This is NOT an obol

Discussion in 'Ancient Coins' started by Sulla80, Jul 28, 2021.

Tags:
  1. Sulla80

    Sulla80 one coin at a time Supporter

    "Good things come in small packages II" - Although at 0.49g this coin is about the same weight as the last coin that I posted it is NOT an obol and it is NOT a litra. What is it? "Une pièce sur un petit flan bien centré. Belle tête d'Apollon. Joli revers inhabituel d'une cuirasse. Patine brun." OK - maybe that doesn't answer the question - but I don't find enough of these to share a "common name". I think chalkous or hemichalkon is probably the right name to apply, and I lean toward hemichalkon. A relevant reference here (Overview of The Handbook of Greek Coinage Series, Scott VanHorn and Bradley R. Nelson)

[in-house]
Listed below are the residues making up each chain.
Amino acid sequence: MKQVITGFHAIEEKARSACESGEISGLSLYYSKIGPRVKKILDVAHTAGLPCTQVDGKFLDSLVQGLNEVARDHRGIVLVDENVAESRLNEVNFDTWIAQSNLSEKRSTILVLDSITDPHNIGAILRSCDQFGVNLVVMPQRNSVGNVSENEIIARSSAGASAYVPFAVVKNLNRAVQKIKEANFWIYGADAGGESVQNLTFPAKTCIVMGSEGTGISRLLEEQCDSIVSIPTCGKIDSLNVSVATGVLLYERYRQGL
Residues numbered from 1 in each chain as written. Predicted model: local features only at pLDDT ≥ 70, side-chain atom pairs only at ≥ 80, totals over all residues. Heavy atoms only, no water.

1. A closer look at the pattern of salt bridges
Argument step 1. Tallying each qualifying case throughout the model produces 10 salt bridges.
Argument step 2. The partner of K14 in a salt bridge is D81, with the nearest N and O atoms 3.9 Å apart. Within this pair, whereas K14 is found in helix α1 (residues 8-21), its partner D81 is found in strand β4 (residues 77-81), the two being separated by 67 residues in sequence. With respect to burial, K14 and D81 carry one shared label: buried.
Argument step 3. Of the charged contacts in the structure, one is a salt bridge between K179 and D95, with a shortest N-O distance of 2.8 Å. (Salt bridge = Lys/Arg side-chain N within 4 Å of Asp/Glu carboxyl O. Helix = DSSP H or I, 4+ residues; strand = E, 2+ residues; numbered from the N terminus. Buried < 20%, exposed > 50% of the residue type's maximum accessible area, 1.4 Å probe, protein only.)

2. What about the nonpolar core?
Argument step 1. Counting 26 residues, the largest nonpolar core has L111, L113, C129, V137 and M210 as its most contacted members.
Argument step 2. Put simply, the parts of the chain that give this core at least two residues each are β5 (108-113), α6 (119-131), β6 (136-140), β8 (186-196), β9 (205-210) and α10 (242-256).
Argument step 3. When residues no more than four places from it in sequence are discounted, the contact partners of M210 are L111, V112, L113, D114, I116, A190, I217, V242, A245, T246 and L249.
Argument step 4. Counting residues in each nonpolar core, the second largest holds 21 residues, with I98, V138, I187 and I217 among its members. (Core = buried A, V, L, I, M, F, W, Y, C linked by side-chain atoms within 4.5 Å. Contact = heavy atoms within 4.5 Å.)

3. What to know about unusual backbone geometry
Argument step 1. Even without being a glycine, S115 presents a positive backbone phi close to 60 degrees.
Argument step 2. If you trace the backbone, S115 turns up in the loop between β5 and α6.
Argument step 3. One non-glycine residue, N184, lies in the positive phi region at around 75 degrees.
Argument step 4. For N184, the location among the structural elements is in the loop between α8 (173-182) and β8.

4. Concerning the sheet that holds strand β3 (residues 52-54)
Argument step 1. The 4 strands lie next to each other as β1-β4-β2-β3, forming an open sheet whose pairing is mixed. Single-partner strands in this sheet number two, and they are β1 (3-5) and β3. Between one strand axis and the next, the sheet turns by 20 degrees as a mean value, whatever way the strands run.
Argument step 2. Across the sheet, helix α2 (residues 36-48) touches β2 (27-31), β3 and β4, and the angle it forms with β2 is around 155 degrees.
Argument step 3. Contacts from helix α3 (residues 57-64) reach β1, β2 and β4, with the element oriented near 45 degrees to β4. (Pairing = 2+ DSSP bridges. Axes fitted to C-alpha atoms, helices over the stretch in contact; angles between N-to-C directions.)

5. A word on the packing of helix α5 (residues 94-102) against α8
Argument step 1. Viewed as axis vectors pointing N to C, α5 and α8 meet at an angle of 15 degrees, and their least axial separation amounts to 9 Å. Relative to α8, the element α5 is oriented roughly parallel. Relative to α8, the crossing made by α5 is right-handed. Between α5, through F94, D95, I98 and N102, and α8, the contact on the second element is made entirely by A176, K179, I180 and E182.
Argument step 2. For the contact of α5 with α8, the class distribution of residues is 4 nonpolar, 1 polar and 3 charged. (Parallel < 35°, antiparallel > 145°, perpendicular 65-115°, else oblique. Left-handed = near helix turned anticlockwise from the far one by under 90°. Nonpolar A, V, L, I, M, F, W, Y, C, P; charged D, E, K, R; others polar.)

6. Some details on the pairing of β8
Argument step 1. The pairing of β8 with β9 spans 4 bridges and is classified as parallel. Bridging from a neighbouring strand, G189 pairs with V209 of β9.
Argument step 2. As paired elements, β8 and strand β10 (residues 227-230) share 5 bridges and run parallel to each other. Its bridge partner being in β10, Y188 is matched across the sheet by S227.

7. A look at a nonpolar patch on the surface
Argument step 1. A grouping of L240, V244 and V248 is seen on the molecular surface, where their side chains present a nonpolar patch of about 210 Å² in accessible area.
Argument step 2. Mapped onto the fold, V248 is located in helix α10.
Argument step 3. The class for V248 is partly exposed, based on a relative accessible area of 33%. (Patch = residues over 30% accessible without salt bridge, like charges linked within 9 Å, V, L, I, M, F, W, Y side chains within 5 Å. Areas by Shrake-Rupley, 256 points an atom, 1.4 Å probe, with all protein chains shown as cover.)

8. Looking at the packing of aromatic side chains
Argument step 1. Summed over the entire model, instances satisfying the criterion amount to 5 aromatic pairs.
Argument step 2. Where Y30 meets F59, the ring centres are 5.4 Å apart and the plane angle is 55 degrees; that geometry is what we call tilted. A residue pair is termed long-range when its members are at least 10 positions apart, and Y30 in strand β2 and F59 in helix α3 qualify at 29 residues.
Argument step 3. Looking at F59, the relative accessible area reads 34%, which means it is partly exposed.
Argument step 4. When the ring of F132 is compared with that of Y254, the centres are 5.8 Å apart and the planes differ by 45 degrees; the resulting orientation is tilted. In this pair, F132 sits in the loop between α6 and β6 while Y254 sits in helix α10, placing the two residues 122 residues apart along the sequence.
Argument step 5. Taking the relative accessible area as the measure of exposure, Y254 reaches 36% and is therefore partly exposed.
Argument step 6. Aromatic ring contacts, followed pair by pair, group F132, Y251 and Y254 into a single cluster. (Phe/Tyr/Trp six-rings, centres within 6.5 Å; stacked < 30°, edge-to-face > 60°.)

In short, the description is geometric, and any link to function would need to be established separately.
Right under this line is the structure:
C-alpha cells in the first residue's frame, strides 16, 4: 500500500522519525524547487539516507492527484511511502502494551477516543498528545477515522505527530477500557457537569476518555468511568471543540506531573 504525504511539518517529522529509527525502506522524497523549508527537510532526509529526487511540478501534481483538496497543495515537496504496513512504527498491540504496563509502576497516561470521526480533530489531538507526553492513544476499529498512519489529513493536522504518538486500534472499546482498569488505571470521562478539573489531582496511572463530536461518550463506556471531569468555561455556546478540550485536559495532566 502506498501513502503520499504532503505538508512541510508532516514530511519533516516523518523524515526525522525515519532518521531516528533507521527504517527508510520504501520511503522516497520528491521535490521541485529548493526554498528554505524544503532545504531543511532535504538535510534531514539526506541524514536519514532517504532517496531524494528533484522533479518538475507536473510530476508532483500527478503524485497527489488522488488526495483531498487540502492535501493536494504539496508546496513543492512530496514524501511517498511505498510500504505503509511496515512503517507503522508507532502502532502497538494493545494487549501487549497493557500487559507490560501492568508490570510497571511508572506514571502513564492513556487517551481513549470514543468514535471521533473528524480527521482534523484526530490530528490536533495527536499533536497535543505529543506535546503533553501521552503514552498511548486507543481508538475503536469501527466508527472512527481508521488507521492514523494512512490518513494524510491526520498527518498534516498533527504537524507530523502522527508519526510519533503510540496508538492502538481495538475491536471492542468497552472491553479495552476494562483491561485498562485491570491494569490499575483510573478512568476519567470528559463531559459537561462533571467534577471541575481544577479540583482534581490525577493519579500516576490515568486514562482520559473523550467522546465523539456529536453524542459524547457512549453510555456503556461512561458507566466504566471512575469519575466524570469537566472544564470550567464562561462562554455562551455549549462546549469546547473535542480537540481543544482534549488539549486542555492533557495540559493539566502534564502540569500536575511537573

The rarity of these coins is not surprising to me. I find it surprising that a <10mm little coin, a dust spec of a coin, a coin weighing about half a gram, survives >2400 years in this condition.

    Where is Magnḗsĭa ad Mæándrum?
    Some nice photos and more information can be found here.
    upload_2021-7-28_14-46-12.png
    Strabo dedicates several passages in Geography 14.1
    "The first place after Ephesus is Magnesia, an Æolian city, and called Magnesia on the Mæander, for it is situated near it; but it is still nearer the Lethæus, which discharges itself into the Mæander. It has its source in Pactyes, a mountain in the Ephesian district. There is another Lethæus in Gortyne, a third near Tricca, where Asclepius is said to have been born, and the fourth among the Hesperitæ Libyans."

    This CoinWeek article touches on the small coins and fractions - but barely scratches the surface without really naming bronze coins other than the popular "widow's mite".
    Ionia Magnesia ad Maeander.jpg
    Ionia, Magnḗsĭa ad Mæándrum, circa 400 BC, Æ 9.3mm (0.48 g, 12h), Rare - especially in this condition
    Obv: Laureate head of Apollo left
    Rev: M-A, Cuirass between
    Ref: SNG Kayhan 393